Six months in… health

Michael Harris /   June 29, 2015 at 8:34 PM 1,411 views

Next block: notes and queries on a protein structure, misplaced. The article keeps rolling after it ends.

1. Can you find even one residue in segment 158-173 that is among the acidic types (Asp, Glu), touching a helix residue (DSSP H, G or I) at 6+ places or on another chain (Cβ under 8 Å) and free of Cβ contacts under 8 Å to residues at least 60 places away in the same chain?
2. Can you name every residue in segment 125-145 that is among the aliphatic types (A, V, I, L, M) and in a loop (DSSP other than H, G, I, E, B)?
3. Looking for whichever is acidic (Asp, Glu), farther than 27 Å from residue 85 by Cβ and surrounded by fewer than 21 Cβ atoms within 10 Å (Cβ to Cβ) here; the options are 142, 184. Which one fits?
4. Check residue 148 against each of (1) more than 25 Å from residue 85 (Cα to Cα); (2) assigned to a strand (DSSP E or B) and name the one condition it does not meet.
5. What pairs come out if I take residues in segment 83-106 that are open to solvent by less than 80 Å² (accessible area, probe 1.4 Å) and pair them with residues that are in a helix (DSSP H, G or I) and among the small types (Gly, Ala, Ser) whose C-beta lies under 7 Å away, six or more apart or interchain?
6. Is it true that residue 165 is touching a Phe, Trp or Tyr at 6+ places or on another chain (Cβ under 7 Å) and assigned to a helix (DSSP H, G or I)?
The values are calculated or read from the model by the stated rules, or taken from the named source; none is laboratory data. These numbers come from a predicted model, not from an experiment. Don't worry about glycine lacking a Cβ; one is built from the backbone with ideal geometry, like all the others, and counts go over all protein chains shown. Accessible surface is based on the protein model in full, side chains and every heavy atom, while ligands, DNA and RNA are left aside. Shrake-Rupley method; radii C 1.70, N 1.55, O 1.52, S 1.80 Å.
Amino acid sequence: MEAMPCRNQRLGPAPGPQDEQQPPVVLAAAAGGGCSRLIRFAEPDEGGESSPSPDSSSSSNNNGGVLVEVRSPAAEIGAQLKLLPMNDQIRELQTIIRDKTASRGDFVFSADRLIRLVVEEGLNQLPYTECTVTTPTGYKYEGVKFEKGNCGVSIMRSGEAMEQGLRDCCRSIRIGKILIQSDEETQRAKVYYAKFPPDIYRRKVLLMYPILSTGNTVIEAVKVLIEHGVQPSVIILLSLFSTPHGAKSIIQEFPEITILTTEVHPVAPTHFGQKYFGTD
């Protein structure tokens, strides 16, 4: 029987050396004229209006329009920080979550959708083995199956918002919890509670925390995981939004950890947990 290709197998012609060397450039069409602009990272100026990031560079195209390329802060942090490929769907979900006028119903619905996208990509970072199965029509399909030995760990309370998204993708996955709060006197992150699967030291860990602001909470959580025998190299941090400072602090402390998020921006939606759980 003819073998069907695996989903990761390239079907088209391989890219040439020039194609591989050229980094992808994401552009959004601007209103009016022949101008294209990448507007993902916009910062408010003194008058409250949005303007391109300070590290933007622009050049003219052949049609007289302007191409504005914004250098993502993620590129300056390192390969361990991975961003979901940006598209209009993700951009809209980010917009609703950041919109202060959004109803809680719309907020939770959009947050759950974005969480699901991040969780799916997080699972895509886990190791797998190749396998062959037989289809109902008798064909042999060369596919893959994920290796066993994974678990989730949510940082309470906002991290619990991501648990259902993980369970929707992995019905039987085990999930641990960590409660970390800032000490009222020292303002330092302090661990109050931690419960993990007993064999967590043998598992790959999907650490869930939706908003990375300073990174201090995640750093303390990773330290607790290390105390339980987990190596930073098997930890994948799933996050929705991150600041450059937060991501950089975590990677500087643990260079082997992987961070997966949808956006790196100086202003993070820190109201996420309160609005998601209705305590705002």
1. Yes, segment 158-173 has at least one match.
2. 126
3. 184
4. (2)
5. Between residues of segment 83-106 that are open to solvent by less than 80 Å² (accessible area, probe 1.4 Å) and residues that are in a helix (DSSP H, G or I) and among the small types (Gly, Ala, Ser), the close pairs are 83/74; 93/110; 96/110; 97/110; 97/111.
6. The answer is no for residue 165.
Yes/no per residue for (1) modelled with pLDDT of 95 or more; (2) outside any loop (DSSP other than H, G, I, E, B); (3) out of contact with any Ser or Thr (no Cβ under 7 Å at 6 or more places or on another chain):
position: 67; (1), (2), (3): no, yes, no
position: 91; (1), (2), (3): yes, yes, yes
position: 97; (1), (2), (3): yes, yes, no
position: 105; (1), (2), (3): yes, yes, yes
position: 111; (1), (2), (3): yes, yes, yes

It’s six months since we launched this version of Guerilla Policy. Here’s a selection of some of our favourite posts we’ve published in health. Thanks to all those contributors we’ve published so far. Like many areas of public services, the past six months in health have seen significant change – and significant uncertainty. Frontline bloggers reacted to the publication of the NHS Mandate back in December. Martin Brunet for example writing on The Binscombe Doctor Blog criticised the decision to target one and five year mortality rates for deaths from cancer as a political folly: “It is quite simply the wrong target and will result in bad decisions that will be bad for patients and wasteful of scarce NHS resources. The target should be overall mortality, nothing more and nothing less. 5 year mortality data were originally devised to assess the effectiveness of treatment. Here they are useful – if you want to know how one chemotherapy regime works compared with another then the overall 5 year mortality can be very helpful. The problem comes when we use it to assess overall performance, or start comparing data for different countries. …These cause politicians real headaches, and the danger of knee-jerk reactions and bad decisions.” Martin argued that such targets are easy to manipulate, for example by redefining ‘cancer’ by counting as many easy to treat cancers as possible. As Martin suggested, the hardest way to really improve survival from cancer is to genuinely improve treatment and care – but this is expensive, requires investment in the people who run cancer services, often relies on medical breakthroughs and has no guarantee of success. (Martin also argued in March that UK cancer care is better than we think). Meanwhile, Moira Fraser at Carers Trust regarded the NHS Mandate as a missed opportunity for carers. Also in December, Dr David Wrigley examined the madness of King [David] Nicholson, the NHS chief’s plans to make ‘efficiency savings’ (cuts) of £20 billion: “I believe these cuts are hugely damaging to the NHS and are being used to degrade the service and soften it up and allow many more private companies to move in – in a similar way that the British railway system didn’t have the investment it required in the 80s and 90s so it became a ‘basket case’ and the politicians could say ‘look how bad the railways are – we will have to move the private sector in to save it’. Indeed after rail privatisation the cost to the taxpayer for their rail service has rocketed – something that commercialisation of the NHS will bring about.” David has written and campaigned consistently about what is being done to the NHS, from the potential outsourcing of Commissioning Support Units, to Section 75, including urging readers to lobby their MPs and the Royal Colleges against the reforms. Health has also seen a succession of ‘scandals’ over the past six months that the frontline has often examined more critically (and responsibly) than much of the mainstream media – from Dr Kate Granger’s take on the Liverpool Care Pathway, to Mark Newbold’s reflections on the Francis report into Mid-Staffordshire. As Mark commented, vague references to changing the ‘culture’ of the health service are insufficient – the question we have to address is ‘Why do we struggle with ‘caring’ in the NHS?’: “We know that most hospital staff are competent and compassionate, and we know that staff who feel valued and supported will deliver good care. We also know from staff surveys that morale is low and that somehow, the system all too often acts to demotivate and disengage the staff who work within it. Sometimes, the impact of this demoralisation overcomes individual professionalism, and care problems occur. Doctors, nurses, and managers can all reach this ‘tipping point’, and we need to think through why it occurs.” Like many others, Mark’s diagnosis focused on the rise of managerialism, targets and performance culture, and the growing pressure on hospitals. In January, Malcolm Payne warned about the impact of increasing private provision on whistleblowing – with the risk of preventing future scandals coming to light: “We all need to be concerned about this, because since a lot of the NHS is going to be contracted out to private suppliers in the near future, the rights to whistle-blow over bad patient care is going to disappear. I can imagine the government would say that the right will still be there, but the reality will be that the pressure from employers not to raise any concerns about care standards will increase. And what will NHS employees do, faced with concerns about the people they are contracting with? Not a lot, if my experience of how they deal with unsavoury or just insipid care homes at the moment is anything to go by. Increasingly, the difficulties of contracted private providers will be ‘commercially confidential’ and there will be pressure not to disclose information which might be against the interests of private providers to the NHS.” Many frontline bloggers have reflected on what is being lost in all these changes. Jonathon Tomlinson on Abetternhs’s Blog captured the views of many when he wrote in February about the difference between listening and measuring: “Much of what is really important, the ability to listen seriously and have meaningful conversations with patients is being lost by the demand that every interaction is measured by data collected, diagnoses made, investigations ordered, treatments prescribed and the procedures undertaken rather than seriously paying attention to what our patients need to say to us. …it’s clear that if we don’t make time to listen properly to what our patients are telling us, we will treat every type of distress and every presentation as a disease to be coded, investigated and treated. If this happens we will have failed at our most important gatekeeper role, not the one between GP and specialist, but between suffering and disease.” The NHS in Scotland has provided an alternative model – from its increasing emphasis on person-centredness and the ‘co-production’ of health services with patients, integrating health and social care, tackling obesity and improving outcomes for children and young people (all posts courtesy of the excellent bloggers at AyreshireHealth). Julie McAnaulty at Campaigning for Health noted how the Scottish approach might help those challenging the reforms in England: “[The Health and Social Care Act] is not happening in Scotland, and that means politically that there is a point of comparison between the old NHS system and the new all-singing-all-dancing one in England. If things go wrong, it can be compared. If England runs short of doctors, then they can look and see if it’s happening in Scotland. If people are not getting treated for chronic conditions and they are in Scotland, then again there is an unfavourable conclusion that can be drawn on the new system. I am beginning to think that Scotland may have a key role to play in any efforts to reverse the situation in England, and I think we should do all that we can to help you on this.” For the moment however, the health service in England is burdened with reform – but who really wants it? As Dr Kate Granger suggested in December in her critique of ‘patient choice’: “…instead of creating a consumer market would it not be better to invest in a patient safety culture and focus on patient experience to improve care for everyone everywhere? For Trusts that are succeeding to share their best practices with organisations that are struggling? This blog seems to ask a lot of questions, but I think this is because there are no easy answers to fix the NHS. However, I do think the politicians are so out of touch with what patients really want and how healthcare professionals really work that they do not really understand what they are trying to change.” Let us know which other health bloggers we should be posting. Get in touch with us at: [email protected]